1. 1. The subjects of sex, class, and money permeate Gissing’s novels. To what extent does New Grub Street revolve around these themes? How important a role does Gissing suggest they play in our lives, or more specifically, the lives of the nineteenth-century literary class?
2. 2. Do you think Edwin Reardon is a sympathetic figure? If not, why? Consider his relationship with Amy, with Jasper, and with the literary world in general. How does he fulfill the role of the anti-hero in New Grub Street? What are some of his weaknesses?
3. 3. Many literary critics have remarked upon Gissing’s detailed and careful representation of women in his novels. Consider the roles of Marian, Amy, Jasper’s sisters, Dora and Maud, and even Mrs. Yule. Are there any similarities in their characters? Further, are their roles defined at all by the men in their lives? If so, how?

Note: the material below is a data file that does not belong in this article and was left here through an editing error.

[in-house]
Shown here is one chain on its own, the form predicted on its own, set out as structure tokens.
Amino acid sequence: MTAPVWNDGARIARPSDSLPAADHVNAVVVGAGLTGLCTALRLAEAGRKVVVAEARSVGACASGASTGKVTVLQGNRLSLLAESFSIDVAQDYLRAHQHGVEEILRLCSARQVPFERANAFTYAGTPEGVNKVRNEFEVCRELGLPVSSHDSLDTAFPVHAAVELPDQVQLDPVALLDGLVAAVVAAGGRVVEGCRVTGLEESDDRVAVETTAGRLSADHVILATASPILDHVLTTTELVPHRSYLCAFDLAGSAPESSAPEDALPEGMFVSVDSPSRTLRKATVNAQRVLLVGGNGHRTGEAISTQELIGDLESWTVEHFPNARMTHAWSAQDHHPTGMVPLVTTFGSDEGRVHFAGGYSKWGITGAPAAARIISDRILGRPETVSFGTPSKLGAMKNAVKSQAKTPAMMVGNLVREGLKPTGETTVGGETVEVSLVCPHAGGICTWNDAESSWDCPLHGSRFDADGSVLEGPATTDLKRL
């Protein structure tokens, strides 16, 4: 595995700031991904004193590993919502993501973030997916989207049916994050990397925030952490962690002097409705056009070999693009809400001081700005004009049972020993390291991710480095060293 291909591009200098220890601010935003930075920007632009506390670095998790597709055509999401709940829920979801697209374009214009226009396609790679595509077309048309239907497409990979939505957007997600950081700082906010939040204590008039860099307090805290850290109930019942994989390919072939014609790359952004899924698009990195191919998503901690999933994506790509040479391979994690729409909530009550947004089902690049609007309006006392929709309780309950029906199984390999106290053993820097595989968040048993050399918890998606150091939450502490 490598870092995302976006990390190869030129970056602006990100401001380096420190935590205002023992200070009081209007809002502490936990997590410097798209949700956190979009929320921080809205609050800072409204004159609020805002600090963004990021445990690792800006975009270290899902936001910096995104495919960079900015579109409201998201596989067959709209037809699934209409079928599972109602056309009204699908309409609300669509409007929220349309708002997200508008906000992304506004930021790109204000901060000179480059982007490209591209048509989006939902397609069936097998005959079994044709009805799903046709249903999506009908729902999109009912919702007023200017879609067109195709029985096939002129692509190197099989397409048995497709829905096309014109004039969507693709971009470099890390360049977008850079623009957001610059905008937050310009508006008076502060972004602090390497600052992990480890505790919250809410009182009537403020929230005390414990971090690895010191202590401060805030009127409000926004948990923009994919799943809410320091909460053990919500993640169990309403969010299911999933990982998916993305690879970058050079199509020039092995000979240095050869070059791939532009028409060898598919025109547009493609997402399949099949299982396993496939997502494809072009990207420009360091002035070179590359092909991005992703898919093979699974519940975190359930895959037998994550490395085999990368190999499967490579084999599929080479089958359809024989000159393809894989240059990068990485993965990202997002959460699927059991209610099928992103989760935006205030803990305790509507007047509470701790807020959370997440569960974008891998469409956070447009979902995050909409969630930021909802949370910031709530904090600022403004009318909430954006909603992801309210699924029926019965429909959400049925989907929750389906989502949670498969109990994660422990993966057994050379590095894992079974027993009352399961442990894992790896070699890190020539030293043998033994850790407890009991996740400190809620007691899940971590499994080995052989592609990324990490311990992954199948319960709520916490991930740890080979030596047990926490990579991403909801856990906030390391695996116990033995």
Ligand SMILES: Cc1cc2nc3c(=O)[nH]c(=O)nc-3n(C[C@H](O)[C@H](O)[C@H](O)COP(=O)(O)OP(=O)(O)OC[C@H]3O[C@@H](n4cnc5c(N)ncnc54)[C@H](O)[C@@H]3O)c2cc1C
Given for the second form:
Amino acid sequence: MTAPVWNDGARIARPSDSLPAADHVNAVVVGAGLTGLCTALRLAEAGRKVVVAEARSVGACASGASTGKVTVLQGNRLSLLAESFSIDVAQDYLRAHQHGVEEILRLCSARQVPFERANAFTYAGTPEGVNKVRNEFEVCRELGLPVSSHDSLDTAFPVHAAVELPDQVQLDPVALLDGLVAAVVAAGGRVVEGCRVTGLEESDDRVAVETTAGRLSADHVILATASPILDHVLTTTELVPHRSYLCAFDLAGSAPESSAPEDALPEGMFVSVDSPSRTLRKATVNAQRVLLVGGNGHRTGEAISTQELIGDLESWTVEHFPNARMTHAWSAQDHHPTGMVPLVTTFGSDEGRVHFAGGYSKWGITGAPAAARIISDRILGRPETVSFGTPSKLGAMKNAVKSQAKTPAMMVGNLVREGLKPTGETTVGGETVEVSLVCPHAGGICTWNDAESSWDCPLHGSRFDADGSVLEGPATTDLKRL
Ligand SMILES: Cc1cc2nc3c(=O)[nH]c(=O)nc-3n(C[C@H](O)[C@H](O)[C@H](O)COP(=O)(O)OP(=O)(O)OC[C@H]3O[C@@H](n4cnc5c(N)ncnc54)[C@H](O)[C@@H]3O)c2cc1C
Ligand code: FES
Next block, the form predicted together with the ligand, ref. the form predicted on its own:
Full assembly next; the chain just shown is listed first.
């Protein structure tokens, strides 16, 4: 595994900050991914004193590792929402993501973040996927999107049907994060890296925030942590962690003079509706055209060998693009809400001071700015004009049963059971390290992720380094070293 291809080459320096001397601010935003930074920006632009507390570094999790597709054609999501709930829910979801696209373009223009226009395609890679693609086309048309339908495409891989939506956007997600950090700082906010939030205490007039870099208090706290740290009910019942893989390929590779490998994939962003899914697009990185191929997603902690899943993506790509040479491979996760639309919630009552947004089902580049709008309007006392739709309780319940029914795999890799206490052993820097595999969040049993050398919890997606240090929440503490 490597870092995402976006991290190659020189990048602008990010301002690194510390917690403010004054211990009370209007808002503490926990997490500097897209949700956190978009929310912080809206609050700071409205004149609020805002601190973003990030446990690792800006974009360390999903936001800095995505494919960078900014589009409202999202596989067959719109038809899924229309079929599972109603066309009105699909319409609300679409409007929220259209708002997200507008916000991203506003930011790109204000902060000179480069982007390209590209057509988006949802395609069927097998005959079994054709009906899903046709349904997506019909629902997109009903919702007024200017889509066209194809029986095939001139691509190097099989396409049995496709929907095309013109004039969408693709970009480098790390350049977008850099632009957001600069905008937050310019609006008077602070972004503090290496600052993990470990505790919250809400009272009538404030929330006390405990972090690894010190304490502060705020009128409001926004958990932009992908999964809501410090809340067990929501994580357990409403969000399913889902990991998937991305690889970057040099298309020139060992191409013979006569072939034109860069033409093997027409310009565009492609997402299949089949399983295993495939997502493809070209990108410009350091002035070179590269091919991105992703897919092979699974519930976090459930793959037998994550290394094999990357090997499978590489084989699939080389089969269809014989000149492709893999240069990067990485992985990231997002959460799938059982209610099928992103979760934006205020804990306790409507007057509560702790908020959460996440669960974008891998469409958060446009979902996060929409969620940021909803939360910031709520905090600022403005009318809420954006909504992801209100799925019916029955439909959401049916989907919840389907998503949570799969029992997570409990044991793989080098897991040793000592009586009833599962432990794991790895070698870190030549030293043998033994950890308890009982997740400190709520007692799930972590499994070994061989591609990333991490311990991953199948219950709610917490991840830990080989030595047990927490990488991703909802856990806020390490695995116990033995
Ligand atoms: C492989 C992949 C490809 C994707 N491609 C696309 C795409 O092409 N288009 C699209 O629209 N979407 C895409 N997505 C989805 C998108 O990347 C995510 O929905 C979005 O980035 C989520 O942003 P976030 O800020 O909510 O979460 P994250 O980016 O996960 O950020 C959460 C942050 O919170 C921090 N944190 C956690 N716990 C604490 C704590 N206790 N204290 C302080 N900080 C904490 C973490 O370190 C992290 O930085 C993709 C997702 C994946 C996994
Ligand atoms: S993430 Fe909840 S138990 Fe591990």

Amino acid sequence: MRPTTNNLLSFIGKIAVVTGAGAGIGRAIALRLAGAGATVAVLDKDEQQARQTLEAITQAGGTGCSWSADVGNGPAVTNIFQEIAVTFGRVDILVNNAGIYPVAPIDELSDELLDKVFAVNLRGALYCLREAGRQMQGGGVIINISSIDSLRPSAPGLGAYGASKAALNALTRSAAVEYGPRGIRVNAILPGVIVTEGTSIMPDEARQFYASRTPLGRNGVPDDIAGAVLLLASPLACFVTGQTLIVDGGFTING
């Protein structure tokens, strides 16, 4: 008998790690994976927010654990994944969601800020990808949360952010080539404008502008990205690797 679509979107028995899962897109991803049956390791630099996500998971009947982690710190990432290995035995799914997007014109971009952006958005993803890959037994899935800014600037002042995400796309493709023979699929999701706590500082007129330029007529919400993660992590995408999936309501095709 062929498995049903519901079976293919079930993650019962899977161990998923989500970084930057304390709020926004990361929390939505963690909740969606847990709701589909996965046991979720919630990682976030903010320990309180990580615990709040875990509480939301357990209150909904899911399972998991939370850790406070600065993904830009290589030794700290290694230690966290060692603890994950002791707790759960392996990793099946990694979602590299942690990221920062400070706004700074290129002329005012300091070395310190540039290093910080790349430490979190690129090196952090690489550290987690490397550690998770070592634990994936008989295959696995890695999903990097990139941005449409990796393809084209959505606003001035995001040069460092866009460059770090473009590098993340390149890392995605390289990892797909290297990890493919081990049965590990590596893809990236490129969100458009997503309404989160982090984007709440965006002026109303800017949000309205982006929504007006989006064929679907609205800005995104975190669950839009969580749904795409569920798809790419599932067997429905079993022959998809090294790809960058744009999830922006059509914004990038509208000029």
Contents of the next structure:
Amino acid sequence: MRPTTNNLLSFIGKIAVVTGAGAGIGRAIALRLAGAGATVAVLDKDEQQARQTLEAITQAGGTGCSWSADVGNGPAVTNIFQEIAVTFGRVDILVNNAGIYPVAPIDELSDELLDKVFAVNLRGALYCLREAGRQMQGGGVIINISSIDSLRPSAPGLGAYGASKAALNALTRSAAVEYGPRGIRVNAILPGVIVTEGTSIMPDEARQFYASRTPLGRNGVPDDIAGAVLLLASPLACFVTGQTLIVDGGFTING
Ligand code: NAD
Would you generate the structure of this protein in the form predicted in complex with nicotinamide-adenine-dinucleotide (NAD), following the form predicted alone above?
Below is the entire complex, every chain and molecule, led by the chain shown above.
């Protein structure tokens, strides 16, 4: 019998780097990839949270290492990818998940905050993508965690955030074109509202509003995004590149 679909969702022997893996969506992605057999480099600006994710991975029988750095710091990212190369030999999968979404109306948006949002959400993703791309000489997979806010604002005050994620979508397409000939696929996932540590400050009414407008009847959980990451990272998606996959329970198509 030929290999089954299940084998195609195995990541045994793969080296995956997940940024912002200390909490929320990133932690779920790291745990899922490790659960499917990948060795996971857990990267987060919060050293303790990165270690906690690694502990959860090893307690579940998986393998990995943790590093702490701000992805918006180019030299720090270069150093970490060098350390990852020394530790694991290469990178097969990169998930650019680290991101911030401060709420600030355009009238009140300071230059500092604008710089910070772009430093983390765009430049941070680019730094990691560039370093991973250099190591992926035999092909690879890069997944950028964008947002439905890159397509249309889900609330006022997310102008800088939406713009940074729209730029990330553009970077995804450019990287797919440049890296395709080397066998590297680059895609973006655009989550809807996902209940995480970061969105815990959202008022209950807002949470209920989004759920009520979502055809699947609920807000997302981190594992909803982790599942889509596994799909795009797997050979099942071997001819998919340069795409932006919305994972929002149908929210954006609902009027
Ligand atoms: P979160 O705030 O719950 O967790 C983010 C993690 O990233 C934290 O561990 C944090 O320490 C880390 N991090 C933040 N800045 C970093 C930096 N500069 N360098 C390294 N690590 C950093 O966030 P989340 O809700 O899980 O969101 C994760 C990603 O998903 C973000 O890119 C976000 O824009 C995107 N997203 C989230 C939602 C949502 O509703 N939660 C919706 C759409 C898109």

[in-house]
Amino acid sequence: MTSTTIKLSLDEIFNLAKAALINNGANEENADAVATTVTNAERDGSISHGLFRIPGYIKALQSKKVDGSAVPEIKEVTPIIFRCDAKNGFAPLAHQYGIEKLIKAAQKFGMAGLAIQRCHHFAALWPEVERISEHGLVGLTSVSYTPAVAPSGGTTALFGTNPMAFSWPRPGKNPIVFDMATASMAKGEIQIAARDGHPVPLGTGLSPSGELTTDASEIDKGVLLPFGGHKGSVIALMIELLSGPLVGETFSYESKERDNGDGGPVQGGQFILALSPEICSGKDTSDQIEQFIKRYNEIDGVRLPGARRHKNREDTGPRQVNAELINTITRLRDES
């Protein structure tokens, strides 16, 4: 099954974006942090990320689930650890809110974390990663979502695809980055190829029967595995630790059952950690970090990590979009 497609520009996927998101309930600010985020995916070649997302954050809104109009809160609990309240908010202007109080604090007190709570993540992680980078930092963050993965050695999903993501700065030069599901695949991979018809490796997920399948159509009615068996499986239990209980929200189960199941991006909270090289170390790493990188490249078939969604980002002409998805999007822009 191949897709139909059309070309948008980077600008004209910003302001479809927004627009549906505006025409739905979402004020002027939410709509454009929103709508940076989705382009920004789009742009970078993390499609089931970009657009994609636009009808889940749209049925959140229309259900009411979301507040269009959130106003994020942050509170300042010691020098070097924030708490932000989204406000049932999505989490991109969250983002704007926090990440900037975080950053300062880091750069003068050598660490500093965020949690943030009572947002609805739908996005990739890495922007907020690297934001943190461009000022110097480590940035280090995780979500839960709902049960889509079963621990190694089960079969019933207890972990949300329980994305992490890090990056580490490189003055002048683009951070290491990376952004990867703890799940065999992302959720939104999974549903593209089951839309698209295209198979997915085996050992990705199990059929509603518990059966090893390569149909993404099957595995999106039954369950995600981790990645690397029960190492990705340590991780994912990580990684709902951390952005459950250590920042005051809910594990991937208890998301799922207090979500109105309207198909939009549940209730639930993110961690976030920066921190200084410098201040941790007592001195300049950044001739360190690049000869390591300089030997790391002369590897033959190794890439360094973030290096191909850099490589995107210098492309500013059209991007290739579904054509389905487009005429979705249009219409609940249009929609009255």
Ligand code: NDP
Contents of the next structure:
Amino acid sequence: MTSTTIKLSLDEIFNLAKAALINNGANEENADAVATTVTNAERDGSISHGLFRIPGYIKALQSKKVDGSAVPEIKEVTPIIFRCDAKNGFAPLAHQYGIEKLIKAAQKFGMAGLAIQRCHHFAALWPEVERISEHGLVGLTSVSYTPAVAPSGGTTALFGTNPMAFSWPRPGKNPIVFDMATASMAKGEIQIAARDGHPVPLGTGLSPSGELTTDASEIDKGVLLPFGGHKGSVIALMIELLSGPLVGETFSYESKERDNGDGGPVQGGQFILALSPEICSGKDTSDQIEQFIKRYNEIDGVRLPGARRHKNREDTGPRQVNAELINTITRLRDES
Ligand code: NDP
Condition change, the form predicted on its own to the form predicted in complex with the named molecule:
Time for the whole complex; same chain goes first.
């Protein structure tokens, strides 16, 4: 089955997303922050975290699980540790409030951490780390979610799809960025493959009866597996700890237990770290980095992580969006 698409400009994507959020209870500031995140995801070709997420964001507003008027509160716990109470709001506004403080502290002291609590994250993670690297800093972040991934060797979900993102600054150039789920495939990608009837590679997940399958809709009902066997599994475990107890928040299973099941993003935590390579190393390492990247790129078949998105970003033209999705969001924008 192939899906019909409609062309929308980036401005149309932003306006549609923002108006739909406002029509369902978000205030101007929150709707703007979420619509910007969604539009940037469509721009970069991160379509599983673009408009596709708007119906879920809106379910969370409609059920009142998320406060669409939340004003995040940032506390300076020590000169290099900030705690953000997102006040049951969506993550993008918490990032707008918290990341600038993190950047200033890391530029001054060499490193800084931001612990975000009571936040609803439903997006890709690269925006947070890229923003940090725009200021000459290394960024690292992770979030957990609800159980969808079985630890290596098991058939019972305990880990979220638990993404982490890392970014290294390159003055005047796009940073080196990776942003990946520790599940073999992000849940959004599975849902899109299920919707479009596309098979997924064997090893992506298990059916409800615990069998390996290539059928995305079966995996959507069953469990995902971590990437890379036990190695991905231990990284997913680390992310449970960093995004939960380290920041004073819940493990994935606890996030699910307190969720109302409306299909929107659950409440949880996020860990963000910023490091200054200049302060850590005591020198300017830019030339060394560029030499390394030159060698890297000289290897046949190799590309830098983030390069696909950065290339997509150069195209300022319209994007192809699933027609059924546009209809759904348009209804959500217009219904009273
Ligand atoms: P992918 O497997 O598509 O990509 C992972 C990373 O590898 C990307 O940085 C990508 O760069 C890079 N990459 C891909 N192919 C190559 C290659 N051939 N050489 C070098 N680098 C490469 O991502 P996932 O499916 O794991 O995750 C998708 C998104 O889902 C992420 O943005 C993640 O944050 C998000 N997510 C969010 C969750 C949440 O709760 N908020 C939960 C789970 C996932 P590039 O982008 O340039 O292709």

4. 4. How is marriage represented in New Grub Street?
5. 5. Consider Gissing’s attitude toward literature and the creation and consumption of it. What is he essentially saying about literature as an art form? Further, what do you think the novel suggests about writers and the process of writing?
6. 6. Revisit the opening of the novel, when Jasper remarks at breakfast, “There’s a man being hanged in London at this moment,” and the following paragraphs. What do Jasper’s remarks tell us about him? Why do you suppose Gissing chose to begin his novel this way?
7. 7. Consider Gissing’s description of London and environs. What role does the setting play in this novel? Further, how does Gissing’s use of the landscape coincide with his naturalist tendencies as a writer?
8. 8. How does the idea of the “three-volume novel” (or the “three-decker”) function in the novel (which is also written in this form)? How is this format used as a motif, and how does it embody the machinations of the writing process? Examine the scenes of Reardon at work on his novel. What ideas do these scenes convey?